Regulator fines Bank of Cyprus for non-disclosure on Greek debt
NICOSIA, Oct 4 (Reuters) - Cypriot financial regulators have fined Bank of Cyprus and six of its former executives for failing to give shareholders information on the lender's Greek government bond holdings, which almost bankrupted it.
Large depositors were forced to recapitalise the bank this year after it reported massive losses on its Greek bonds. The process, known as a "bail-in" was conditional to the east Mediterranean island reaching agreement with international lenders in March for 10 billion euros ($13.6 billion) in aid.
Cyprus's Securities and Exchange Commission (SEC) said Bank of Cyprus's former management failed to provide shareholders with timely information on their purchases of Greek government bonds dating back to 2010.
Investors, the regulator said, were left with the impression that the Cypriot bank had disposed of most of its Greek government bond holdings after public comments to that effect by its chief executive in Dec. 2009.
But in the months that followed, Bank of Cyprus accumulated Greek bonds worth up to 2.4 billion euros, almost matching the lender's equity capital of 2.5 billion euros, the SEC said.
The "least investors could have expected" was disclosure from the bank about its holdings, taking into account they were considered non-investment grade by ratings agency Standard and Poor's, it said.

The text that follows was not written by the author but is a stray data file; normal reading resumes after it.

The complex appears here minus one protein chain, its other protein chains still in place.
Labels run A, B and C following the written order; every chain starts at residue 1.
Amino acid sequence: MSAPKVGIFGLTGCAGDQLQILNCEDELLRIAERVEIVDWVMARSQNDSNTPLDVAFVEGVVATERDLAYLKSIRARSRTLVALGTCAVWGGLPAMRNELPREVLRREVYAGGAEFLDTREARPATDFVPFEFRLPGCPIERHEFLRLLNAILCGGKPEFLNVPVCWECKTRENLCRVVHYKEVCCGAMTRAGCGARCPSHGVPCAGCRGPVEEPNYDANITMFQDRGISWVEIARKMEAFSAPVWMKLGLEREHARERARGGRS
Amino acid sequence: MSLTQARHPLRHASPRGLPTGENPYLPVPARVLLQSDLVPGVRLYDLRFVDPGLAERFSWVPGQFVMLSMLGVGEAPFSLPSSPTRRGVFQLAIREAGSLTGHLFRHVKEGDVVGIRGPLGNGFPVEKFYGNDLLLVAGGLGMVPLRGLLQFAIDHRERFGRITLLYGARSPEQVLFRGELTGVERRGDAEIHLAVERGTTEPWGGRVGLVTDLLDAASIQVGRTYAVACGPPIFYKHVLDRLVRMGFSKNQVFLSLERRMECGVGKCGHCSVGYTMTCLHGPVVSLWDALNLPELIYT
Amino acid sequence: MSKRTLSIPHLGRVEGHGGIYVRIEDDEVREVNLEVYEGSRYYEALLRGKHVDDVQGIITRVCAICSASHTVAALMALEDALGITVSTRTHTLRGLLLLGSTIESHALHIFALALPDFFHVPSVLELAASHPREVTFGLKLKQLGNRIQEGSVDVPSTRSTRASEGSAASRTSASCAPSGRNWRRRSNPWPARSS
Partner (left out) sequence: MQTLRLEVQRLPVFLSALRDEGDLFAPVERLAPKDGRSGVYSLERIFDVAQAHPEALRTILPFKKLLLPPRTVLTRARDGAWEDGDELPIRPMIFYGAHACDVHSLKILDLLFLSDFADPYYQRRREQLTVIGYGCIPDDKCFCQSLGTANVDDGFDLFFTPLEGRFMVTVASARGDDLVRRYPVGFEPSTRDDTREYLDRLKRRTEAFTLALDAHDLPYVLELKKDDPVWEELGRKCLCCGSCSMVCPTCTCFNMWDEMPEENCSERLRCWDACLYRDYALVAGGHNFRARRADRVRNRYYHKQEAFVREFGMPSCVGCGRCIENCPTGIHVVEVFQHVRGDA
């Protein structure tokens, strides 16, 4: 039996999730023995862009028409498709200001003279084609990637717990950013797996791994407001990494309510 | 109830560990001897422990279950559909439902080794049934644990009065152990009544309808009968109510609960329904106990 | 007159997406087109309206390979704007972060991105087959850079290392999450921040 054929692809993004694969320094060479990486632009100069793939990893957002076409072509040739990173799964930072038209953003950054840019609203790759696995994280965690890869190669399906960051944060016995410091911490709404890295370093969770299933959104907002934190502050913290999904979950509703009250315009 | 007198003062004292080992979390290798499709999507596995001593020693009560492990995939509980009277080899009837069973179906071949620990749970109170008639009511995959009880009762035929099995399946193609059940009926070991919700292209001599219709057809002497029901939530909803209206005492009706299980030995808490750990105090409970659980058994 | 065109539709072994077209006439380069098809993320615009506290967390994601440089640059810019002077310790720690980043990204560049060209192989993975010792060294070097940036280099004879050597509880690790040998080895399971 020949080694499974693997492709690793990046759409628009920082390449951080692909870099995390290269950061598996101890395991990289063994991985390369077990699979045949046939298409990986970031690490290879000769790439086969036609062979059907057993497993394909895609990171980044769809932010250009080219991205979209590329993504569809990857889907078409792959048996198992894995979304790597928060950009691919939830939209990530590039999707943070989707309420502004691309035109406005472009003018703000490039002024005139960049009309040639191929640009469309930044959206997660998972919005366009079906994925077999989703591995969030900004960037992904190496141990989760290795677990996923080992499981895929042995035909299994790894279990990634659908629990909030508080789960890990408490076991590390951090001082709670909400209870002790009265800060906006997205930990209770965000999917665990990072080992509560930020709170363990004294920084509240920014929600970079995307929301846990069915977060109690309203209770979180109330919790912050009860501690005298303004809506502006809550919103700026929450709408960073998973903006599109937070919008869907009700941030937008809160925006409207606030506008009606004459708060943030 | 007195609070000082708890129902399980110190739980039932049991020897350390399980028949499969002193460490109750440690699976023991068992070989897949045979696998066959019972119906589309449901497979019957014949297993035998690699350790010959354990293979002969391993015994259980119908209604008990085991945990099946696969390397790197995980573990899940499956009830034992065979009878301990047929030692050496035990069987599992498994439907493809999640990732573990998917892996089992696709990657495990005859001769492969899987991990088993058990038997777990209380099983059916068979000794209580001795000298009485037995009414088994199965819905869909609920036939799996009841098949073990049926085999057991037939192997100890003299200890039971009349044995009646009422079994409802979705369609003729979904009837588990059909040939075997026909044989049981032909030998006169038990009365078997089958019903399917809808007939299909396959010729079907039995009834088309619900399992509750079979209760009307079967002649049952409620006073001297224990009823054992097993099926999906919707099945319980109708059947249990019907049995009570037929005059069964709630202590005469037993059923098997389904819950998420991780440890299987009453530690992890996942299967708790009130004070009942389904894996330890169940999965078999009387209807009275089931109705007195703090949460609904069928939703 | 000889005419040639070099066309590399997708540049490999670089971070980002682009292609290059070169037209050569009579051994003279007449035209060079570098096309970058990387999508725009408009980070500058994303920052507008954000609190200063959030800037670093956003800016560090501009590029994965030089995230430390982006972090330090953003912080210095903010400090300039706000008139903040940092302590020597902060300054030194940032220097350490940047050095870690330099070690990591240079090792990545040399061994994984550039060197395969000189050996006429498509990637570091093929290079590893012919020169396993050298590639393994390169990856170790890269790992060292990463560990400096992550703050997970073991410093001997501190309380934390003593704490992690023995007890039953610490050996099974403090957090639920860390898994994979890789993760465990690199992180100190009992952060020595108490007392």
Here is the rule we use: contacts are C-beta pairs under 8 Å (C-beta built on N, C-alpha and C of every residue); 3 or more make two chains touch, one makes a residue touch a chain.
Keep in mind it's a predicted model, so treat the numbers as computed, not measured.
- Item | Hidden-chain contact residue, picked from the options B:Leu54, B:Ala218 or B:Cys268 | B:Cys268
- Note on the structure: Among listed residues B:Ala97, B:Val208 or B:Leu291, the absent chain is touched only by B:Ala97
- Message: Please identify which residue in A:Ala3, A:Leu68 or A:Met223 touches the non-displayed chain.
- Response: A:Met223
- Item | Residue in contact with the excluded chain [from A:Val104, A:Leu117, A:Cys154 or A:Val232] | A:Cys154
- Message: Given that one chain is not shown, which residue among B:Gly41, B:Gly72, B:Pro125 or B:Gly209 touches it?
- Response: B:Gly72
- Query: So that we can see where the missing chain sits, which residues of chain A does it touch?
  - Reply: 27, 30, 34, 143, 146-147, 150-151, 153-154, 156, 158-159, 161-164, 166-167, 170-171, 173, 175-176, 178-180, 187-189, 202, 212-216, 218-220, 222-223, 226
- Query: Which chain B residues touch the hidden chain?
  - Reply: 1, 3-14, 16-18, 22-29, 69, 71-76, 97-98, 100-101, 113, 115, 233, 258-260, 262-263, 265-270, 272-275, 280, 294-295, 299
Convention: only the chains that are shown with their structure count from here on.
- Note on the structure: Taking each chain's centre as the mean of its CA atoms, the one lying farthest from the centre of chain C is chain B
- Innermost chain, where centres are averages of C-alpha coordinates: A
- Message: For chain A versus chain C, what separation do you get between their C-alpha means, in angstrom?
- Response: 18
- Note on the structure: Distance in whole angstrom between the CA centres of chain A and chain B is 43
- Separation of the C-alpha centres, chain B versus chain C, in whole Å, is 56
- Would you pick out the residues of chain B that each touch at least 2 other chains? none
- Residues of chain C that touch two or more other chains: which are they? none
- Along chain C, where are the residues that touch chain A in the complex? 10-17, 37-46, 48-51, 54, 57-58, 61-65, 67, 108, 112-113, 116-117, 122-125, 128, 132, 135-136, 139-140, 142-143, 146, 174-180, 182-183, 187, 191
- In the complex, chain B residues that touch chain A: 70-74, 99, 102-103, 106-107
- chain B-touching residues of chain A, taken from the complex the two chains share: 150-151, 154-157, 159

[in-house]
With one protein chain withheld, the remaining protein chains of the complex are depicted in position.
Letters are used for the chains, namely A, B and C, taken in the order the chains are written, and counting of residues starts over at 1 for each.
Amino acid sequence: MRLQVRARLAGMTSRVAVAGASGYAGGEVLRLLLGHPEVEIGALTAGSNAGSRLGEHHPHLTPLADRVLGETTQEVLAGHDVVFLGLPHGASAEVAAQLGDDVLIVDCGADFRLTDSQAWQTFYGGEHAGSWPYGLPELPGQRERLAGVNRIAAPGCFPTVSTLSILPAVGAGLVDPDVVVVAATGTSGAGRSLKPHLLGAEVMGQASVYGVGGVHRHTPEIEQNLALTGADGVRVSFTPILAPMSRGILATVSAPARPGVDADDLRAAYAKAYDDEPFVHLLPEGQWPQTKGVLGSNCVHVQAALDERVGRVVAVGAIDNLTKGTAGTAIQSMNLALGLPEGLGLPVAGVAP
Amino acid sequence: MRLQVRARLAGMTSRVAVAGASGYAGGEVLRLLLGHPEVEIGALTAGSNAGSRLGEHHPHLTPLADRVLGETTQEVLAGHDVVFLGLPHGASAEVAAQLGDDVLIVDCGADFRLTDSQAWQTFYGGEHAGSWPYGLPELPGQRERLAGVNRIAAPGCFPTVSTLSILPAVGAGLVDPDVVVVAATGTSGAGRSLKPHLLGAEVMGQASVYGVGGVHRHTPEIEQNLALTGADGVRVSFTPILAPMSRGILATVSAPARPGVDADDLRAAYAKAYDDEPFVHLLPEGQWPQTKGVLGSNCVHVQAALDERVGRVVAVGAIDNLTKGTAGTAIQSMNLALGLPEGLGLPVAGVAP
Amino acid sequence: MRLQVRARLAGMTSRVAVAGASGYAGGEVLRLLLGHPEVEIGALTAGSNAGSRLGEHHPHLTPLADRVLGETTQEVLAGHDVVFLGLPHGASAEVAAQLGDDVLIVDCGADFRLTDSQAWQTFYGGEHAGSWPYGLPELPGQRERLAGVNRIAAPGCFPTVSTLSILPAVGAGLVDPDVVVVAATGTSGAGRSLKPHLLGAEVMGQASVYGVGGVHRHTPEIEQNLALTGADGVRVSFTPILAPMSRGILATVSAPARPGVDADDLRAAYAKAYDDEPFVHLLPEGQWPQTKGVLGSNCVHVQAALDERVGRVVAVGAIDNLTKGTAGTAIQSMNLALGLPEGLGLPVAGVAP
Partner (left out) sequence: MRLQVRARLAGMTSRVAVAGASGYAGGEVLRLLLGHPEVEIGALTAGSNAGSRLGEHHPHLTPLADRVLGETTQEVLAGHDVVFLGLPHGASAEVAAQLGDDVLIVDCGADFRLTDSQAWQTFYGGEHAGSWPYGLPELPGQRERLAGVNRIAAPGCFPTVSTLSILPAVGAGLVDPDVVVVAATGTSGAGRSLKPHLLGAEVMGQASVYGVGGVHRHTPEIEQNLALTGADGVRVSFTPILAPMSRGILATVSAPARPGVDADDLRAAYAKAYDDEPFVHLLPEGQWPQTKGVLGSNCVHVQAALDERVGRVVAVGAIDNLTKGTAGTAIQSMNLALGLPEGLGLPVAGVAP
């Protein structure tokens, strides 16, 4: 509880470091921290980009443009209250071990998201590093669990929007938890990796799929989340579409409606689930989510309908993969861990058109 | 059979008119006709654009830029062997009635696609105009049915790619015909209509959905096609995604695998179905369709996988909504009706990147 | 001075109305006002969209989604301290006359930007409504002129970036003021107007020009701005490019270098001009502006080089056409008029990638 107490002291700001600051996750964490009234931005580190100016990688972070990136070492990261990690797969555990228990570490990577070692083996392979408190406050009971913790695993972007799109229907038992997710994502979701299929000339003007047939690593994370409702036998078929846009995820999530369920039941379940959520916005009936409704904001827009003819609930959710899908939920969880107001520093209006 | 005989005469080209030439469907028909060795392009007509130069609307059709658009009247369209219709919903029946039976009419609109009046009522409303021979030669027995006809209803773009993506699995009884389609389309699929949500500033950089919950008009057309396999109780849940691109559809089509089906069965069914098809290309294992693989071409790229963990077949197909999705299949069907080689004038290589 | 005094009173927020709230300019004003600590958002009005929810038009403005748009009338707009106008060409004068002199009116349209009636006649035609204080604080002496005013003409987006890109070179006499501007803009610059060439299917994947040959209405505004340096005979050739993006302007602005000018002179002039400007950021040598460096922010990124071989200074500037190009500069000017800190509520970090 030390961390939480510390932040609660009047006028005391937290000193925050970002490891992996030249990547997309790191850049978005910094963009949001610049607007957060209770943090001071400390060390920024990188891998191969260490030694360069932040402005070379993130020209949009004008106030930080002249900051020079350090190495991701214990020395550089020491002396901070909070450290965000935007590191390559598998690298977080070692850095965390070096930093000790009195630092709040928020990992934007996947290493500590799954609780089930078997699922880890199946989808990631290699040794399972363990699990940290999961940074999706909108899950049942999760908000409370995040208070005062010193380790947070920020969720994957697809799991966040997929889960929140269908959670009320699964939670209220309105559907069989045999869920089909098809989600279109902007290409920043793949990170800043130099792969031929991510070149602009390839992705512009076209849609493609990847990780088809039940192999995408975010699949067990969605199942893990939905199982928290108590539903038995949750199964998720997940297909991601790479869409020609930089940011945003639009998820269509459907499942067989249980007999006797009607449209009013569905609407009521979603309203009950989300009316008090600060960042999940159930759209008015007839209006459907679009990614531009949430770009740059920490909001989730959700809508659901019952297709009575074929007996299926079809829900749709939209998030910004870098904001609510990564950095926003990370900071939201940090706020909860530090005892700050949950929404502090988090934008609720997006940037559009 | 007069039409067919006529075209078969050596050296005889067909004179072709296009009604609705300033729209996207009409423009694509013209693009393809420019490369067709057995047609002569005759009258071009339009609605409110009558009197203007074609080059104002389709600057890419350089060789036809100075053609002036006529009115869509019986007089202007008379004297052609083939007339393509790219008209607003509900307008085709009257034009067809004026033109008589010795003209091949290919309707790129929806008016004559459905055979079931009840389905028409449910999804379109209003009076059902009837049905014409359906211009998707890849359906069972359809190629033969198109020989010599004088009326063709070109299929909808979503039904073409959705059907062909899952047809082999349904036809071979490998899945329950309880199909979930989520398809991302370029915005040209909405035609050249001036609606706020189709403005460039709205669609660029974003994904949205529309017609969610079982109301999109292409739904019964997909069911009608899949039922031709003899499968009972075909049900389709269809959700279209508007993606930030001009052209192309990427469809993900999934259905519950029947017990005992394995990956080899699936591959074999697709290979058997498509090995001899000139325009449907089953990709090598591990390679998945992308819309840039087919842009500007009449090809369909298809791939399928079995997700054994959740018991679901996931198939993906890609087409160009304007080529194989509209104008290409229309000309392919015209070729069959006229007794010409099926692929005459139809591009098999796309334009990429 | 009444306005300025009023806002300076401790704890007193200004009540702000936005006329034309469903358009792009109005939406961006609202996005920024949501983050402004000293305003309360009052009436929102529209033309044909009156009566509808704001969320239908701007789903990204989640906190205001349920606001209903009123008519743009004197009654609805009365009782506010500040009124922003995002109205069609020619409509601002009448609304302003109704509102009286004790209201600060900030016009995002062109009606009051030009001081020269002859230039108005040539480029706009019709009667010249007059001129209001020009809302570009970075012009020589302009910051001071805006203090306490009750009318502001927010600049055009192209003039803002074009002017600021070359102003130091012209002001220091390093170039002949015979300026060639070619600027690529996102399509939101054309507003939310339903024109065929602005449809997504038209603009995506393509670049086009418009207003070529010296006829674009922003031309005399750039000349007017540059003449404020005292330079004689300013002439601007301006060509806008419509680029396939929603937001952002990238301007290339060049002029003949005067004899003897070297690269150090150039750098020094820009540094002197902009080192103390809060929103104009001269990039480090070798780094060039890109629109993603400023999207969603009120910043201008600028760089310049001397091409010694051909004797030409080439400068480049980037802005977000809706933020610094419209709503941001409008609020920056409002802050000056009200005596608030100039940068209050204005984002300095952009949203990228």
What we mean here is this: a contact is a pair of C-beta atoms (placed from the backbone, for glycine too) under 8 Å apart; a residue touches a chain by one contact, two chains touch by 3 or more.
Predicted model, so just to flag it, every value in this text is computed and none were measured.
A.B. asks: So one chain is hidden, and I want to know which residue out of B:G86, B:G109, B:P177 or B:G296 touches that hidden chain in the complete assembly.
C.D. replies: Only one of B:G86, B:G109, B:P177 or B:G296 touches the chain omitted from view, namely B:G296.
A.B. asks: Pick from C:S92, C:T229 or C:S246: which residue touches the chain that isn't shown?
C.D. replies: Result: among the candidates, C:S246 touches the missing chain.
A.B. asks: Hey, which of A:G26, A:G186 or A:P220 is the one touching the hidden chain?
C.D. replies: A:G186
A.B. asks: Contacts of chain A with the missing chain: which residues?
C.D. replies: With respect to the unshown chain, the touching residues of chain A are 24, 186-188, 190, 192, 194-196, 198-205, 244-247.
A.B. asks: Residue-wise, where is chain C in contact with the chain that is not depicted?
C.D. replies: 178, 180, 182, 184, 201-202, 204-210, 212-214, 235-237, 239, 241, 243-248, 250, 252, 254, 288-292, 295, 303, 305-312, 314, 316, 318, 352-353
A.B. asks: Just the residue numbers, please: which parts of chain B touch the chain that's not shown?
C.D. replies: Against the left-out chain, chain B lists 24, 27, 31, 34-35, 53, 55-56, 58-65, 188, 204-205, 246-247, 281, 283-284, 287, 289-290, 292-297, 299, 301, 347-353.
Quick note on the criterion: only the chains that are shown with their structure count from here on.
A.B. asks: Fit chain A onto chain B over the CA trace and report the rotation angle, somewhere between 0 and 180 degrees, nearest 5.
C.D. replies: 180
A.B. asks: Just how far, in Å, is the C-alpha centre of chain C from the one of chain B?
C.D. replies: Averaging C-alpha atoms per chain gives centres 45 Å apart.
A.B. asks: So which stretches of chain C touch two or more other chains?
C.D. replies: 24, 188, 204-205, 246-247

Bank of Cyprus lost 1.9 billion euros on its Greek bond holdings, largely through an EU-approved restructuring of Greek sovereign paper to make that country's debt burden more manageable.
Combined with losses of its then-peer Laiki Bank, exposure to Greece was instrumental in triggering a financial crisis in Cyprus and forcing the island to seek international aid from the European Union and International Monetary Fund. Laiki was shut down in the bailout.
The SEC said it had fined Bank of Cyprus 160,000 euros; former CEO Andreas Eliades 140,000 euros; former deputy and compliance officer Yiannis Kypri 120,000 euros; and four members of its Asset Liability Committee 10,000 euros each. ($1 = 0.7340 euros) (Reporting By Michele Kambas; Editing by Pravin Char)
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